Understanding Automotive Diminished Value Calculations, Part Three

25th June 2019

As we mentioned in Part Two of this article, automobile insurance companies have a specific method they use to calculate the diminished value of a vehicle after an accident. They use a formula they refer to as the “17c Method.” However, as you might surmise, the values that they arrive at tend to be conservative. Alternately, one can calculate a vehicle’s diminished value with “real world” marketplace values. Here’s how Victorville Motors (Victorville, CA) says it is commonly done: 

Marketplace Diminished Value

  1. Search for comparable cars for sale. Find cars that are similar to yours for sale on the web. Spend some time doing this so you can find some 4-6 examples. Be sure that you find cars that are very close in terms options and mileage to yours. The cars you find should be the exact same year as yours.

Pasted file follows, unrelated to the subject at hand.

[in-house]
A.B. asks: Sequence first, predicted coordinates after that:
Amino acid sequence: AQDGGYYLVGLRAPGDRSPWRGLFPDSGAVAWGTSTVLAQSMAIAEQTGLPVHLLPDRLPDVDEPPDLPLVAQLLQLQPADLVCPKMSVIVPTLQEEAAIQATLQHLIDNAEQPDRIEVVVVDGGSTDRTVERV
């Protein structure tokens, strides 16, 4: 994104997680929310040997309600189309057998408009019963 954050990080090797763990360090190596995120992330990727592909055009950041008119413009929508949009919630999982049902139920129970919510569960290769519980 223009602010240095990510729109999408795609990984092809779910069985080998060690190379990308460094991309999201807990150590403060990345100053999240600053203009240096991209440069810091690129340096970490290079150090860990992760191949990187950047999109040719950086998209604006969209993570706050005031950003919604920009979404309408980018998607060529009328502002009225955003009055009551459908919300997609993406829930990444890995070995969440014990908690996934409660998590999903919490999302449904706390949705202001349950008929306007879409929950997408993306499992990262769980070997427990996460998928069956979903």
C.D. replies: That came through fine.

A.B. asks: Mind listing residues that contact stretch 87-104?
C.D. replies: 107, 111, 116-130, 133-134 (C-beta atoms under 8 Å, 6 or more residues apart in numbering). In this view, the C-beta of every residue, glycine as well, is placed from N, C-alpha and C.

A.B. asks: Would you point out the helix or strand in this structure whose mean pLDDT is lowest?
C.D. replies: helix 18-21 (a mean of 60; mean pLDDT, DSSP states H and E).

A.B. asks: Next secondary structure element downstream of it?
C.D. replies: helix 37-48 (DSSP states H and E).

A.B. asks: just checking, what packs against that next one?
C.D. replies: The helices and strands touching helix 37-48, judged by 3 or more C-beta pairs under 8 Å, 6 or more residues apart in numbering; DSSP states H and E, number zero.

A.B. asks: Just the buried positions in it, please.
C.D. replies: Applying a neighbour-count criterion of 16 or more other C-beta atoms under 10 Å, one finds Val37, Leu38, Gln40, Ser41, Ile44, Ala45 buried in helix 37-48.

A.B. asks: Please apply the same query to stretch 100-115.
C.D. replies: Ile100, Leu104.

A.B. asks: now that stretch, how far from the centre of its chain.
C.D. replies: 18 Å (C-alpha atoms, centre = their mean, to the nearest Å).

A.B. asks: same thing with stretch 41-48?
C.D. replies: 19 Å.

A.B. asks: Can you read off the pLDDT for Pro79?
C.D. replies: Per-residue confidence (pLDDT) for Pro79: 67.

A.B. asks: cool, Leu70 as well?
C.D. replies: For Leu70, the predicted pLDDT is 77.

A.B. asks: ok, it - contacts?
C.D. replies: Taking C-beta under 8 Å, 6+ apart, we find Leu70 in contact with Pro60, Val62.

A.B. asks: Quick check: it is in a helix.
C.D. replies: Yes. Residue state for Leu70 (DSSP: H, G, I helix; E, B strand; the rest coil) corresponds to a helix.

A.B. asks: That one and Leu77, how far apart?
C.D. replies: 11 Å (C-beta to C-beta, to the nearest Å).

2. Now look for cars that have a roughly similar accident history. Here’s a pro searching tip: look at the price differences between “pre-owned” and “certified pre-owned” cars at major dealerships. Usually, cars with structural damage from accidents won’t be sold as “certified pre-owned.” Looking at the price of cars similar to yours sold just as “pre-owned” can give you an idea of what yours is worth. 
  3. Bring it all together. Start with the average of what you found as the Edmunds value of your car and a few retail prices you find on the web. Then, consider the prices of similar cars with accident histories. The difference between these two values is your estimated diminished value.

For example, consider a 2016 Golf R in excellent condition with 57,000 miles. Edmunds estimates this car would retail for $28,165 and two similar cars on the web retail for $29,500 and $27,500. The average of all three of those retails is $28,388. Then subtract the value of a similar car with an accident history, $25,500 and the diminished value clocks in at $2888.

Note: Some law firms specializing in diminished value litigation estimate that the value lost when a vehicle is in an accident is around 33 percent. This means that your car valued at $15,000 would be worth about $10,000 in reality when you tried to sell it. You may want to use this type of estimation as a starting place for determining your diminished value.

Corey is an all round tech guru who has worked at some major blue chip companies. He started Poweronemedia to share his views and knowledge with the rest of the blogging world.